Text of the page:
Finish mixing by hand until you have combined all dry ingredients and have a sticky dough.

Cover the bowl with a towel and place in a warm spot to rise for 1-1/2 to 2 hours.  The weather and house were cool so Patrick heated the oven to 200 degrees, turned the oven off, then placed the bowl on the range over the oven vent.

After the first rise the dough is punched down using two forks.  Pull the dough from the sides and bottom of the bowl and punch down the center to remove air from the dough.  This takes just a few minutes.  Recover the bowl with the towel, return to the warm spot, and let rise another 30 minutes.

Just enough time for a cup of tea and then preheat the oven to 425 degrees.

Uncover the dough and place in the center of the preheated oven.

After baking for 15 minutes, reduce the oven temperature to 375 degrees and bake for 15 to 17 minutes longer.

The aroma is heavenly!  And our bread is baked to a golden brown!  Time to let it cool a bit.

Honey Butter


  • 8 ounces unsalted butter - softened
  • 1/4 cup honey (4 tablespoons)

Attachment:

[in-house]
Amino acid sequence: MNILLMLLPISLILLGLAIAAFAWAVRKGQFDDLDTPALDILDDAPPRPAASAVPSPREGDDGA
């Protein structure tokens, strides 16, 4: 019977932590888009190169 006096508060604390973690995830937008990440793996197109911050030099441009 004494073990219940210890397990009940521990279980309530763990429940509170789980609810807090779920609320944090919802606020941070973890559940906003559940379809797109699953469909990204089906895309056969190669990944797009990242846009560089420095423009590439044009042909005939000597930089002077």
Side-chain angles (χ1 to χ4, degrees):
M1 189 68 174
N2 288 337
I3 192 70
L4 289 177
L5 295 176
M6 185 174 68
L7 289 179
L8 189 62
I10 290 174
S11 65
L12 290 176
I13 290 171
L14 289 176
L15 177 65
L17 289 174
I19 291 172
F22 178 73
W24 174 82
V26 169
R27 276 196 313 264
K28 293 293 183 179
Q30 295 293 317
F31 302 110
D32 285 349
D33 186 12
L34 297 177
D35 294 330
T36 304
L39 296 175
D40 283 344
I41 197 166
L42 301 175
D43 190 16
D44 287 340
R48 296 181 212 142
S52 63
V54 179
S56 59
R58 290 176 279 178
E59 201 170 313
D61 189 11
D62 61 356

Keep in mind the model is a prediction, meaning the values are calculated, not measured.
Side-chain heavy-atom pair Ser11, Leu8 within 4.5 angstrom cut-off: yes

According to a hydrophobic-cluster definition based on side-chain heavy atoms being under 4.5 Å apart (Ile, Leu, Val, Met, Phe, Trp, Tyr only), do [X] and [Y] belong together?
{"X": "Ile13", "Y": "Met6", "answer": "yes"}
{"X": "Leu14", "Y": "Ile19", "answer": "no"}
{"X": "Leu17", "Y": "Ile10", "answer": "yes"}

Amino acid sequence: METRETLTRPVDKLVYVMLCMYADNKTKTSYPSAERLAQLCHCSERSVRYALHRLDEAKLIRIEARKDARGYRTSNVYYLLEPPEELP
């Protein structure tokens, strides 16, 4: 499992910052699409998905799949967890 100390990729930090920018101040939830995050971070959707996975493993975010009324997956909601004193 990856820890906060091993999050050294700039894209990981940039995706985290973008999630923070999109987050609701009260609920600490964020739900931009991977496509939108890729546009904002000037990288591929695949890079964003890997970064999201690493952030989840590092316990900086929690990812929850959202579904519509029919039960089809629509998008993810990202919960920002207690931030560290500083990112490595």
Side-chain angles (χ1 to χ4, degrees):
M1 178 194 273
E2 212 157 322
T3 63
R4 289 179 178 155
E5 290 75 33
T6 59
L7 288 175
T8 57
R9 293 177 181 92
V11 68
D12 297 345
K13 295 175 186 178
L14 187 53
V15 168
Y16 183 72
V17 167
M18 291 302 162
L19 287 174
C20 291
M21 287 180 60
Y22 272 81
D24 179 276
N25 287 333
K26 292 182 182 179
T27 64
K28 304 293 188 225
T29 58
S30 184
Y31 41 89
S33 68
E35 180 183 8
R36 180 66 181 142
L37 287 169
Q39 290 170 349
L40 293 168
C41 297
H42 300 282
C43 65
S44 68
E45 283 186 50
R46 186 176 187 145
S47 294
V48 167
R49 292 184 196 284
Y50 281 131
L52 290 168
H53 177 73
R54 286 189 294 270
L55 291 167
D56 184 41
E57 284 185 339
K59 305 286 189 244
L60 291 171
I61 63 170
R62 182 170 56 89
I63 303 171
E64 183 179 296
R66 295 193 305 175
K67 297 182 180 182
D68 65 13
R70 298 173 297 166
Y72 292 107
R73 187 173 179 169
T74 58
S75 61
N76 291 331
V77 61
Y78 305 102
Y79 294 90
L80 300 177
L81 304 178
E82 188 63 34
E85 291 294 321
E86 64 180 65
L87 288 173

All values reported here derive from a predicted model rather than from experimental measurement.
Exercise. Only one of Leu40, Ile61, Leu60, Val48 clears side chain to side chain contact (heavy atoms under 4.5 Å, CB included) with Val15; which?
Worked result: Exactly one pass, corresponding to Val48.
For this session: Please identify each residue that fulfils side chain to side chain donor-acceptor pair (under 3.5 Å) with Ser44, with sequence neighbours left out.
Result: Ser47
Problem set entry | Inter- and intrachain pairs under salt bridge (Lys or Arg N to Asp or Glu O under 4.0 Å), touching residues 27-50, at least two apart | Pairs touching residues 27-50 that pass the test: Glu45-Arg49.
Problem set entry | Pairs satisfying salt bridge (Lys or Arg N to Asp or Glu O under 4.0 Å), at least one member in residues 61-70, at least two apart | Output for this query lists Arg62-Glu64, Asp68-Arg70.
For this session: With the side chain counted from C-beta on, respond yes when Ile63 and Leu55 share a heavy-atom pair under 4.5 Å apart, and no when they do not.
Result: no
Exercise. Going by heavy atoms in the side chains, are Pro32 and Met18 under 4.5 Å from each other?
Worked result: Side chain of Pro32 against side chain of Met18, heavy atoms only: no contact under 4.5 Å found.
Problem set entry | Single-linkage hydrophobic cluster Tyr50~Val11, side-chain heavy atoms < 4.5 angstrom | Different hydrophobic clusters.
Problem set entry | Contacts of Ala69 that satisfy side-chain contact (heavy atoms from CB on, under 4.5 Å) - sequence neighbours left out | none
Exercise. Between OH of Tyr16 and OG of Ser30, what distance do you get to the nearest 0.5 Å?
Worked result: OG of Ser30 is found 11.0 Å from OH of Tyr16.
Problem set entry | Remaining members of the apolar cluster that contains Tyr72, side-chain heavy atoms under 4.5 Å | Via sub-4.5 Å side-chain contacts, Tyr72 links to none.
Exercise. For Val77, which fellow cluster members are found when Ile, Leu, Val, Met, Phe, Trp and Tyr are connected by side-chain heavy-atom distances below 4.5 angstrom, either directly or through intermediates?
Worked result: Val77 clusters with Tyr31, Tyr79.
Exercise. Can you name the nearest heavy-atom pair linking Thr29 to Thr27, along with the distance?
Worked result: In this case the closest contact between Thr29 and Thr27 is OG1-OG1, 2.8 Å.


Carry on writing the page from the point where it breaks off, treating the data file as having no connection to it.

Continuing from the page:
• 2 tablespoons powdered sugar
  • 1/4 teaspoon sea salt
I'll divide the recipe in half for the two of us.

The bread is baked and the honey butter is ready!

The bread has cooled on the rack just until the bowl is cool enough to touch.  Then Patrick slips a butter knife between the bread the the side of the bowl to make sure the bread is loose and then flips it onto the cooling rack.

We're ready for freshly baked Peasant Bread with Honey Butter and just a few dirty dishes.

Wish you were here!

If you've read any of my other blog posts or seen other videos, you might have met Tasha.  Named after Tasha Yar the Security Officer on Star Trek - The Next Generation.  Actually this is Tasha the Second.  On the day we took these photos Patrick and I are celebrating our 30th wedding anniversary.  We were married on February 29, 1992.  Within a few years a German Shepherd Dog joined our family.  We named her Tasha.  She passed and when we brought another German Shepherd Dog into our family we gave her the same name.  These 30 years have been quite a ride!

February 29, 1992

The last day of the 20th century.

Thank you for joining us!!

          Patrick and Jeanette

Companion YouTube Video: